Q-and-A with Ryerson’s new distinguished visiting professor, Helen Burstyn

A photo of Helen Burstyn. She was appointed as a distinguished visiting professor at Ryerson in social innovation and enterprise.

Helen Burstyn has been appointed as a distinguished visiting professor at Ryerson in social innovation and enterprise. (Courtesy / Helen Burstyn)



Ryerson University has recently welcomed Helen Burstyn as a distinguished visiting professor in social innovation and enterprise. Burstyn has been involved in government, community service and business for 35 years and has a wealth of knowledge to share with students.

The Toronto resident is chair of The Partnership Forum, the Ontario government’s advisory body on the not-for-profit sector. She is also the former chair of the Ontario Trillium Foundation, one of the largest grant makers in Canada.

Burstyn says it’s her high regard for the university that led to her immediately accepting when Sheldon Levy offered a one-year term with the Office of Zone Learning.  The zone provides students with the resources to take ideas and concepts and give them commercial viability.

She spoke with The Ryersonian about what kind of work she’ll be doing at the university and what students can learn from her.

Why did you agree to become a visiting professor at Ryerson?

I really missed the interaction with students but I thought it could happen in a whole new way. The way Ryerson does it isn’t the old academic model of a professor standing in front of the classroom. They really change it up. I didn’t want to have my own class but be a guest in other classes so that I can roam around the university and go where I’m needed or where I can contribute.

What do you hope to accomplish at the university?

There were three things involved with what I wanted to do and one is to get back in the classroom, but not to be a lecturer so much as to engage others who are experts in social enterprise and innovation in a conversation.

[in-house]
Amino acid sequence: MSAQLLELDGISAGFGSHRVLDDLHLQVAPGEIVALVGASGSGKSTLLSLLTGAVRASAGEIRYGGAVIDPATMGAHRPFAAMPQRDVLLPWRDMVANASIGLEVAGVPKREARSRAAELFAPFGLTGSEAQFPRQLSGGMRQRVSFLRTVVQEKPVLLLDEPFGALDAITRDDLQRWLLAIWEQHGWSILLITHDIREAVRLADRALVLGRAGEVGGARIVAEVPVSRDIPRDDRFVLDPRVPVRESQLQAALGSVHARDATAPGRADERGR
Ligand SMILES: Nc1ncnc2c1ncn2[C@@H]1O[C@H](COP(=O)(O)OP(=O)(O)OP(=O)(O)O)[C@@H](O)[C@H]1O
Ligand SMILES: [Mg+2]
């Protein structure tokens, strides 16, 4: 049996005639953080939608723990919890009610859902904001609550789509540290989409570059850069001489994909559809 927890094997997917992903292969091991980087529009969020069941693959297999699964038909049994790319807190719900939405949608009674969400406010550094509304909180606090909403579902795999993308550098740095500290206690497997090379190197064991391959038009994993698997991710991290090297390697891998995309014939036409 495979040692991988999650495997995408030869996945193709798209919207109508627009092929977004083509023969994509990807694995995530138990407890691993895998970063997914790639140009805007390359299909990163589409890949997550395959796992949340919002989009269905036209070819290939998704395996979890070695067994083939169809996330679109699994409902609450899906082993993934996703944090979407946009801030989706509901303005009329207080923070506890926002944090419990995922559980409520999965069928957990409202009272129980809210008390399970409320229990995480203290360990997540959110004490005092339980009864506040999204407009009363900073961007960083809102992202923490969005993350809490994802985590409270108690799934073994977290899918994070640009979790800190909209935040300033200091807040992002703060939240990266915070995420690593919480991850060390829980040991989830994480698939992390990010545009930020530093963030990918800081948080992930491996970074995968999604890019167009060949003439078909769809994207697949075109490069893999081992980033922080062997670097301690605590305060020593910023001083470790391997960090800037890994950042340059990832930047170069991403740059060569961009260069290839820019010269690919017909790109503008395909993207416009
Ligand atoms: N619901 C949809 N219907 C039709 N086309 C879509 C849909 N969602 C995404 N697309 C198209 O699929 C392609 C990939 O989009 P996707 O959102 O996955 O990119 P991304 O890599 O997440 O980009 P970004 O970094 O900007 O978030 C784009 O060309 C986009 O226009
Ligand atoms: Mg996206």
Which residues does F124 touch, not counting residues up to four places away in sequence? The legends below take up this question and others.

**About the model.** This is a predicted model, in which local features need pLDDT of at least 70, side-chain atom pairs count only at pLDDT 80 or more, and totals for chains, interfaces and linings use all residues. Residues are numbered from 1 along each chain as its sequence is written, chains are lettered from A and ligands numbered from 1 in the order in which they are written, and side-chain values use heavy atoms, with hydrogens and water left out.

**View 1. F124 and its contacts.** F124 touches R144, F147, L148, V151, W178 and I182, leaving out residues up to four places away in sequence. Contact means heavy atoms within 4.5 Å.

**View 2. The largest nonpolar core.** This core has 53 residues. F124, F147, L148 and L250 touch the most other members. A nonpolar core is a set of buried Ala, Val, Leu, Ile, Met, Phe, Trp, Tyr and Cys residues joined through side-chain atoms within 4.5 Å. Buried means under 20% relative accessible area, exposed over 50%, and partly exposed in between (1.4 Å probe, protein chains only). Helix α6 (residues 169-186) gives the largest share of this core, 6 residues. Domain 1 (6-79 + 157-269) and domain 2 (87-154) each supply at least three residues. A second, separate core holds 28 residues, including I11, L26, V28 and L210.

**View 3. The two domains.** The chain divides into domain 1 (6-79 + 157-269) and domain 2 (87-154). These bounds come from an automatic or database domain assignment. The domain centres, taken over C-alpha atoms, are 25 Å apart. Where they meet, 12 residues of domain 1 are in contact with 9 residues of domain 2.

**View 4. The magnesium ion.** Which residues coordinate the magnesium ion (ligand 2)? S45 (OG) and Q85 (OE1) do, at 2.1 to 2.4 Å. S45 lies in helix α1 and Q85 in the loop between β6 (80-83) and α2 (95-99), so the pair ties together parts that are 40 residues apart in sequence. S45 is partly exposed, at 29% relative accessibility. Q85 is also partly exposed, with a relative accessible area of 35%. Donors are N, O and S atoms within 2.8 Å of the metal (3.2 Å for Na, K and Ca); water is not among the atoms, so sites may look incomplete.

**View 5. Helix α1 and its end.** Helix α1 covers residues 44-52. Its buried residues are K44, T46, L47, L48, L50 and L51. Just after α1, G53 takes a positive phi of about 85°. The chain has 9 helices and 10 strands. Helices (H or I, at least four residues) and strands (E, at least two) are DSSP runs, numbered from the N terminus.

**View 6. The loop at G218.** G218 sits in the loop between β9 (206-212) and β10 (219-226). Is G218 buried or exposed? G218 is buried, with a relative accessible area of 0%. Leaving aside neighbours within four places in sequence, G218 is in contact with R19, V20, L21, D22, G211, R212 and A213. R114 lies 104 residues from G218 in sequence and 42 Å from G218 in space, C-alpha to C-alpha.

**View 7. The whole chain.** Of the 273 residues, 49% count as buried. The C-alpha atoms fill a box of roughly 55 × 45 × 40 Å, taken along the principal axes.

The second part of what I’m doing is in the zone-learning space, where I’m doing one-on-one mentoring. Students can come see me, let me look at their business plan and we can talk about it. Or a group of students that want to plan a small project or enterprise can come in.

Thirdly, I want to work with Ryerson students to create a Ryerson social enterprise film festival. We know there’s a real appetite for creating something like that and hoping to put on the first student-led social enterprise film festival by the Spring of 2015.

What will you provide for students?

There’s already a lot of energy and buzz when it comes to social innovation and enterprise at Ryerson, but as I meet with more people and realize that there’s an appetite to do more and create, I hope to be a catalyst for some of those new ideas. Maybe they will even turn into new businesses and social enterprises and actually have an important impact on our communities.

How are you helping set students up for success in today’s job market?

I think our students don’t expect to have jobs just handed to them. I think what they’re doing is creating their own jobs and businesses and building their own futures. It’s a very different mindset and I hope to help students prepare for the different kind of employment market that’s out there.

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